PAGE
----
But if you study our archive, you will understand that to measure that count, even if it could be done with precision, is to overlook what was perhaps the most evil aspect of the apartheid system, which was the mass dehumanisation, born of prejudice, of a significant proportion of South Africa's population, sustained over a period of many decades.
Setting a standard
The risk is that, in comparing body counts, apartheid's architects may get off lightly – in comparison, say, to what happened in Europe in the 1940s – when the dehumanising subjugation of black people, sustained by government policy that denied them the rights to advance through education, property ownership, and economic participation, is where the real evil lies.
The question is whether that should be the standard against which society would be justified in judging a crime against humanity to have been committed – a state or system that systematically denies rights and freedoms to own property, access opportunities, be educated, etc. on the basis of the victims' race/ethnicity/language/culture or history.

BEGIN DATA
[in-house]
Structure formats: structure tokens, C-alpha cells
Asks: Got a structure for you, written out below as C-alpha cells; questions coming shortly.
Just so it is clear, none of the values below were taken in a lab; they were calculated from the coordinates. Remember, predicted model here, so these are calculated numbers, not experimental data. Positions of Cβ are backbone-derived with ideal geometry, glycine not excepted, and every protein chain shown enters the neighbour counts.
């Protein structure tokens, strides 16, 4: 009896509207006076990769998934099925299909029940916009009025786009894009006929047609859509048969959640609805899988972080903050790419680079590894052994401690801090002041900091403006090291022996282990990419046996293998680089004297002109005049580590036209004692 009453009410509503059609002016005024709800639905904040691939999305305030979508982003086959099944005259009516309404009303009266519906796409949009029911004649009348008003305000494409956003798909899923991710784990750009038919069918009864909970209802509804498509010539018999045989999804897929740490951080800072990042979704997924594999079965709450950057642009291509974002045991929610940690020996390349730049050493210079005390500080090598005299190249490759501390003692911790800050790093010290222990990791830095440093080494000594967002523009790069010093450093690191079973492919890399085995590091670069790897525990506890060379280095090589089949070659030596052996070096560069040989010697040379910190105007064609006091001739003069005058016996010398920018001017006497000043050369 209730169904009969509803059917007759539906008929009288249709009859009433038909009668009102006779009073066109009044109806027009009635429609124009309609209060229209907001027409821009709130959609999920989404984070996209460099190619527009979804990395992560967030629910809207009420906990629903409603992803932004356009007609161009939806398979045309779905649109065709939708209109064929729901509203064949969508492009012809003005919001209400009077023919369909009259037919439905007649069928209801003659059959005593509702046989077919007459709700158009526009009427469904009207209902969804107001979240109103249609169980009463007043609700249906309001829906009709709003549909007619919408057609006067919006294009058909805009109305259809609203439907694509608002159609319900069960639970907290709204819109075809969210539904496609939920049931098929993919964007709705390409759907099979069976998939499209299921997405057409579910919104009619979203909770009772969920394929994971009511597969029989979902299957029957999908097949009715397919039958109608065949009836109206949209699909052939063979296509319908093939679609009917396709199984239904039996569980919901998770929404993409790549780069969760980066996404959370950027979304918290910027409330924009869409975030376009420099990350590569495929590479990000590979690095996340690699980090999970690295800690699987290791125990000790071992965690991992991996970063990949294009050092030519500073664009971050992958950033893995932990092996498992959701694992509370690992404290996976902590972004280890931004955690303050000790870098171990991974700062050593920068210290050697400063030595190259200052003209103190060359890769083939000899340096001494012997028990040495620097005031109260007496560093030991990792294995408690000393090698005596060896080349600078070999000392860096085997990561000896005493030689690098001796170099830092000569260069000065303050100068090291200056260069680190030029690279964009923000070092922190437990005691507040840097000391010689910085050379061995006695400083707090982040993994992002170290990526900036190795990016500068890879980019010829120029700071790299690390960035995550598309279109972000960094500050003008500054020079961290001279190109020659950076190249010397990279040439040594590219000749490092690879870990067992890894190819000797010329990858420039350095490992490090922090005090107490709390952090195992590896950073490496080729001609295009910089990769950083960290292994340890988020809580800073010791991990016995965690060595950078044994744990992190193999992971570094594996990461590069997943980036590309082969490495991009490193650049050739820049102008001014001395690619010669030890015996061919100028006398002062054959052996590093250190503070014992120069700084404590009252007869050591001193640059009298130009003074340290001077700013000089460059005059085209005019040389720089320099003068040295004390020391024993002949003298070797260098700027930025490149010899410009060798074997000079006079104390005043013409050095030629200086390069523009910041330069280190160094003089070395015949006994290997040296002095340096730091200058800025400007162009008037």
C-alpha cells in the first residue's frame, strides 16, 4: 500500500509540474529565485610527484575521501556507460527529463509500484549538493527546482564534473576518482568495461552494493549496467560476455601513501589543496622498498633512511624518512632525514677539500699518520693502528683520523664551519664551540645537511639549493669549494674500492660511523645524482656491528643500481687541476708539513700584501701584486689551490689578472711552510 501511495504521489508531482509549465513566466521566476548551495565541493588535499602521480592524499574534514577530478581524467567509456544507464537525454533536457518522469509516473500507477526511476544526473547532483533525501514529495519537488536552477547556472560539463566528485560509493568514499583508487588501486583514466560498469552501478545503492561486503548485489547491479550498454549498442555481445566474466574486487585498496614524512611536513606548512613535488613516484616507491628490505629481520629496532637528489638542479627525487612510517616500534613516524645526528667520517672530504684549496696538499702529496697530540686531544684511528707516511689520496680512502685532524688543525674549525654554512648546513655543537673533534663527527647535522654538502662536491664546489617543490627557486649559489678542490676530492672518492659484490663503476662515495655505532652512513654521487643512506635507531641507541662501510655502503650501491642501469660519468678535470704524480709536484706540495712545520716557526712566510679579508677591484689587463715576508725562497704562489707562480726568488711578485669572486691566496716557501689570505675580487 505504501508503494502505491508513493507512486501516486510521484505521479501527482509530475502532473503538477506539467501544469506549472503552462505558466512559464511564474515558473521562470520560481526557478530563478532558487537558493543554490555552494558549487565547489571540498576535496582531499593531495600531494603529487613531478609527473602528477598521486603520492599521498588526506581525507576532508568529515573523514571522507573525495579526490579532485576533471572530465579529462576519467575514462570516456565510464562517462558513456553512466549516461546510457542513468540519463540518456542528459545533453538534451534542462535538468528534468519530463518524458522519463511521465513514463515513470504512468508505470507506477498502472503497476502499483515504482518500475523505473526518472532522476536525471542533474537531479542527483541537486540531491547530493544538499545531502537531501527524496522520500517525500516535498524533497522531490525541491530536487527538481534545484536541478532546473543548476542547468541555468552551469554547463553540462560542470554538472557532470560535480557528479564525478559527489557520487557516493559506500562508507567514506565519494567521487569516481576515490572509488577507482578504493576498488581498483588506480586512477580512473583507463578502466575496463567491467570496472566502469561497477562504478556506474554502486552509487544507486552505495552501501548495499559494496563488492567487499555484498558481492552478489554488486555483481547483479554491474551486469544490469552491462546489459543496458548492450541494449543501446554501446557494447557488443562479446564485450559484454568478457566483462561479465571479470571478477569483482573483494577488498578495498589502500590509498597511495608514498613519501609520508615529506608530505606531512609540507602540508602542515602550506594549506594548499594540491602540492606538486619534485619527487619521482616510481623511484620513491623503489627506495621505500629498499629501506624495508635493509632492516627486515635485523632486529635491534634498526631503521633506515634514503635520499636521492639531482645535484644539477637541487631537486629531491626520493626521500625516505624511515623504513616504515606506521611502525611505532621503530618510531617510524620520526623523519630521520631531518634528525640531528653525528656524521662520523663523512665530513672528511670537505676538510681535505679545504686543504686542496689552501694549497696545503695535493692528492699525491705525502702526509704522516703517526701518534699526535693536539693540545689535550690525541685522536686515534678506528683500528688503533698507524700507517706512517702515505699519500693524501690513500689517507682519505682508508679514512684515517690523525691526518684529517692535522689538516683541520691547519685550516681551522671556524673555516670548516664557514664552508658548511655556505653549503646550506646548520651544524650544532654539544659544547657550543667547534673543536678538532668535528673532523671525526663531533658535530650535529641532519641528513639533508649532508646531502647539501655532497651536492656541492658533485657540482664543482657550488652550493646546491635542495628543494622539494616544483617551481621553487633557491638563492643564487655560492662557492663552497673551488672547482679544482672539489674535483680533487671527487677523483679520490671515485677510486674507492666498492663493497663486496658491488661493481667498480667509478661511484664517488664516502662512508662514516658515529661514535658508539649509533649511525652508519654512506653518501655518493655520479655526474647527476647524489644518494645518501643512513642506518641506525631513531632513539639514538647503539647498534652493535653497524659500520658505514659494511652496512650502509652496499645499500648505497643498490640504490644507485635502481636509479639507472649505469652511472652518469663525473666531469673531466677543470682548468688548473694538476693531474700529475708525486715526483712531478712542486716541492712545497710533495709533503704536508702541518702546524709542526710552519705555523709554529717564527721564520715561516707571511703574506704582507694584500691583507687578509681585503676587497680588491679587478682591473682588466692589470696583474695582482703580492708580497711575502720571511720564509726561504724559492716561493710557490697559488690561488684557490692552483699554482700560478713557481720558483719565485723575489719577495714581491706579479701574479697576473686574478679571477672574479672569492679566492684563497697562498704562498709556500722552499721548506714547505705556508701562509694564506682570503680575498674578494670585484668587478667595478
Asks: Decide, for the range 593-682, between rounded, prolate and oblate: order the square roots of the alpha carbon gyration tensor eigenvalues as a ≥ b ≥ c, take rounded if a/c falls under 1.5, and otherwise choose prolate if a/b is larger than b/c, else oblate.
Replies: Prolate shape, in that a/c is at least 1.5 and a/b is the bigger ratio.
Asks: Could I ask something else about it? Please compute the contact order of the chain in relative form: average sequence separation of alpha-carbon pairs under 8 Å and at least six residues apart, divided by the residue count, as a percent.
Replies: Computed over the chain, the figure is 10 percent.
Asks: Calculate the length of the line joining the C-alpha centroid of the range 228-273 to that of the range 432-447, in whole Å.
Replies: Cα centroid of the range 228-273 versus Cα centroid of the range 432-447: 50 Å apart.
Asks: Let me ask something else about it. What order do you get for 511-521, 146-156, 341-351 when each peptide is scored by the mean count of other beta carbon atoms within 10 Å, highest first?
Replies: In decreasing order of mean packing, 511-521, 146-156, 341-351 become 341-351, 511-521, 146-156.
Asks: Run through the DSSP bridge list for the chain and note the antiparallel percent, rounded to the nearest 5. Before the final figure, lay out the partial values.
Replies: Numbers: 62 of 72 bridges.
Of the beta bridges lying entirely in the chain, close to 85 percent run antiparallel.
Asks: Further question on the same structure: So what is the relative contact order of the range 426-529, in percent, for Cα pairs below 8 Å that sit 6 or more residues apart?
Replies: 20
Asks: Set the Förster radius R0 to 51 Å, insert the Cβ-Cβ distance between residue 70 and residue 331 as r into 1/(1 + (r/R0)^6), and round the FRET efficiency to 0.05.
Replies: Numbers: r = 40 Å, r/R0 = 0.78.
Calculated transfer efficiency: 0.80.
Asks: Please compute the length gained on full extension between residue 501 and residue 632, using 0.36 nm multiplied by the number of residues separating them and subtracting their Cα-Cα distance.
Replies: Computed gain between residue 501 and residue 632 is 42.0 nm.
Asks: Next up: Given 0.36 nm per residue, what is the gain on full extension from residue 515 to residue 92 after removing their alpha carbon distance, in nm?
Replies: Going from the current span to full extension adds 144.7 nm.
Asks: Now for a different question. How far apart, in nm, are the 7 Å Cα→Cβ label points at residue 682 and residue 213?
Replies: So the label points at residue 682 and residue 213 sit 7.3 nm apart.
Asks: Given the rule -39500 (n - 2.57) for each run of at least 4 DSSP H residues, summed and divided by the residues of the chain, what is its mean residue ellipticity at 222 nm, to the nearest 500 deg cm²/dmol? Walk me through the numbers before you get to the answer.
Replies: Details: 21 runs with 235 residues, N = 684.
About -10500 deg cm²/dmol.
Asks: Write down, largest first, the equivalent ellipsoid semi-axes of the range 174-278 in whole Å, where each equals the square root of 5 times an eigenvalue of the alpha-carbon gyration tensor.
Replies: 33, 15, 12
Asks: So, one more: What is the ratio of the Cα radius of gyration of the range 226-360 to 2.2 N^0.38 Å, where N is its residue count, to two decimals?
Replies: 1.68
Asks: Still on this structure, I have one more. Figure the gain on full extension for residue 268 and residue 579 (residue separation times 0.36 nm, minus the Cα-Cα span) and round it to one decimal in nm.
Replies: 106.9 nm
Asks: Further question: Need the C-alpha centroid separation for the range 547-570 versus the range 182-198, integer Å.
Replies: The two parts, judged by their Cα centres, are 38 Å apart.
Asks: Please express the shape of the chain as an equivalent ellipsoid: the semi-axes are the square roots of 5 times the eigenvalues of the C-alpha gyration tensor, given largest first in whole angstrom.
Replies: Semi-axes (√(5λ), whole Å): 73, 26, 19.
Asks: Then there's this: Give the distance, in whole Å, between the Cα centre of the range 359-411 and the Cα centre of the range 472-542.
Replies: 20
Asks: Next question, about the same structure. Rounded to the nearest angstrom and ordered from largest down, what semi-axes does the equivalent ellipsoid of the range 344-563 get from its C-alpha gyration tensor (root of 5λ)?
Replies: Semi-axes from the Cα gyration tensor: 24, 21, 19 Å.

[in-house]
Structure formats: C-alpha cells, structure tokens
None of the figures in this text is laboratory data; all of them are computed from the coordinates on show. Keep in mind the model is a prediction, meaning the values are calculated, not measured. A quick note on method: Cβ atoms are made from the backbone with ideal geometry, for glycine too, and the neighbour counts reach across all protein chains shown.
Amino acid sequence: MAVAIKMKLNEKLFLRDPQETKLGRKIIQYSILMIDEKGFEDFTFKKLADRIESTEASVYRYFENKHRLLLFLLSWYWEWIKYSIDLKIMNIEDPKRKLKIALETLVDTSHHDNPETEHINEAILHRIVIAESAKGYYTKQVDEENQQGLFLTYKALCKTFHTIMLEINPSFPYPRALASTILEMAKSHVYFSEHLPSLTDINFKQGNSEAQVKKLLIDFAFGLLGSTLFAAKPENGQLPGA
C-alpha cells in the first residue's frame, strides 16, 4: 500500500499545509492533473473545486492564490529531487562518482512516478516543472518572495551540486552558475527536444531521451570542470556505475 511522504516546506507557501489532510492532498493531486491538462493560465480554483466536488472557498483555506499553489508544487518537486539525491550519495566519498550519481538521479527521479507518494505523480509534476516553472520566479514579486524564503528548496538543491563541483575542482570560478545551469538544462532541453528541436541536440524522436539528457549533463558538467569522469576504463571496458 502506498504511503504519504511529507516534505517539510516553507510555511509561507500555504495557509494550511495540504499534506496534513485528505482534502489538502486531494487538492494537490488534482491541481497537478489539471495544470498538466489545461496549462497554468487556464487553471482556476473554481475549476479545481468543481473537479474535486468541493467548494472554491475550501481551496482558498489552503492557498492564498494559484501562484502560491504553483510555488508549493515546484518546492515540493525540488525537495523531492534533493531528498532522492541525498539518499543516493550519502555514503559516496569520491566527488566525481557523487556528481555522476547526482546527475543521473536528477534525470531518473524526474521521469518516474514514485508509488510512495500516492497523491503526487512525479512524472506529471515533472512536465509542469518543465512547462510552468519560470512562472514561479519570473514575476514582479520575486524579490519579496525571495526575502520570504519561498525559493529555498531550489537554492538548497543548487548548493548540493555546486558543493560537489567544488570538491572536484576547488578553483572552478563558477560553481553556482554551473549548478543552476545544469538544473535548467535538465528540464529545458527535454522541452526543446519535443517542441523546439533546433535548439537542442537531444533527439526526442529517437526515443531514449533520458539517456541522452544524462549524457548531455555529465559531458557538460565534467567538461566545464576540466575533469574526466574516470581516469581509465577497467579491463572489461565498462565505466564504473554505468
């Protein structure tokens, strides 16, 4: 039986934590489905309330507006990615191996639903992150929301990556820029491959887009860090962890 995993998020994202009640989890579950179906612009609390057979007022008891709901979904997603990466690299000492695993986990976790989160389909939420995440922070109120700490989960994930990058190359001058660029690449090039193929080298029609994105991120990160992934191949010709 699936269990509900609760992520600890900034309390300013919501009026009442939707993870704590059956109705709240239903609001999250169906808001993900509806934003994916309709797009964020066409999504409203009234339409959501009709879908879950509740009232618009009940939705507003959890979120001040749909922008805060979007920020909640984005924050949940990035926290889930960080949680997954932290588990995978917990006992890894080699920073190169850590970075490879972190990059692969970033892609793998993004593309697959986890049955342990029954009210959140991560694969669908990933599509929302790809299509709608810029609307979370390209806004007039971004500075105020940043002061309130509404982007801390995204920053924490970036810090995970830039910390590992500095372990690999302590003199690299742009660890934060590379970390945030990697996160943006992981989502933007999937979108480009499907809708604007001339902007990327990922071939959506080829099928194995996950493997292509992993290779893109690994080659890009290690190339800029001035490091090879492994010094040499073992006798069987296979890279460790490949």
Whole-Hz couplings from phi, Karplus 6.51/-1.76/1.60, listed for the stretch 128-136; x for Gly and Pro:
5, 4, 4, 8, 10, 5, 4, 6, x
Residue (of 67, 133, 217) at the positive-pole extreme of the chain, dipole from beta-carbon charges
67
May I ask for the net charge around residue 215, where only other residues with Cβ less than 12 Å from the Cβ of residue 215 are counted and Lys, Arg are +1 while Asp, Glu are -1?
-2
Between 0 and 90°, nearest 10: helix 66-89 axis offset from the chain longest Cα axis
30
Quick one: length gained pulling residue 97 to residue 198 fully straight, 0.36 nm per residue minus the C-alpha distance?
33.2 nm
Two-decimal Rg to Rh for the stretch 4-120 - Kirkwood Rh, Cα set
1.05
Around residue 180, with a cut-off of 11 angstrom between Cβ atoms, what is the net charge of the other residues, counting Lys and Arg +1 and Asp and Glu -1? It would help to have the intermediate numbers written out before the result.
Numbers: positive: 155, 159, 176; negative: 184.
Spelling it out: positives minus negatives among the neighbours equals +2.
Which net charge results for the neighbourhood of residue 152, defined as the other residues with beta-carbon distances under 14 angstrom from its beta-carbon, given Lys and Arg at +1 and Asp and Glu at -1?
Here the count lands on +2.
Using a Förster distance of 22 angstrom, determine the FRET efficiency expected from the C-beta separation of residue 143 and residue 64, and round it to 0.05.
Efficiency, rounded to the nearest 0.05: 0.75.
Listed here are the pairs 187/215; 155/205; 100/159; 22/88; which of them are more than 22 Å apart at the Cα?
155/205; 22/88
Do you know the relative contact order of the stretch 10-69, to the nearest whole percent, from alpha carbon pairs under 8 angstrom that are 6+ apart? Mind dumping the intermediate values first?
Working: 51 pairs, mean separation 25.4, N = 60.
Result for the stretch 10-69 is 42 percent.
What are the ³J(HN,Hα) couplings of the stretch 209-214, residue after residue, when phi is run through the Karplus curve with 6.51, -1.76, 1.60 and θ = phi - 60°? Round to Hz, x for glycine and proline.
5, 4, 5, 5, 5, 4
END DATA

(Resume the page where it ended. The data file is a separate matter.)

That is pretty much the view reached in a brilliant assessment published by the Ratcatcher, a columnist on Politicsweb, who goes on to conclude that "it should not be hard for anyone with any kind of moral and principled objection to racial discrimination to make the case – on the merits – that apartheid, alongside various other forms of racial discrimination and persecution, was a 'crime against humanity' of a particular kind".
It could not, perhaps, be better put and overcomes the problematic question of benchmarking the evils of apartheid against a position adopted by governments who were themselves serial rights abusers engaged in an exercise of global political grandstanding.
It avoids the trap of thinking that apartheid's evils are relative only to the number of people who died at the hands of the system. It allows an honest appreciation and admission of the full extent of the dehumanisation that occurred during the apartheid years. And it sets a standard against which the society should now judge itself, mitigating, therefore – more than exacerbating – the risk that the wrongs of the past may be repeated in the future.
- Cronje is the Chief Executive Officer of the IRR.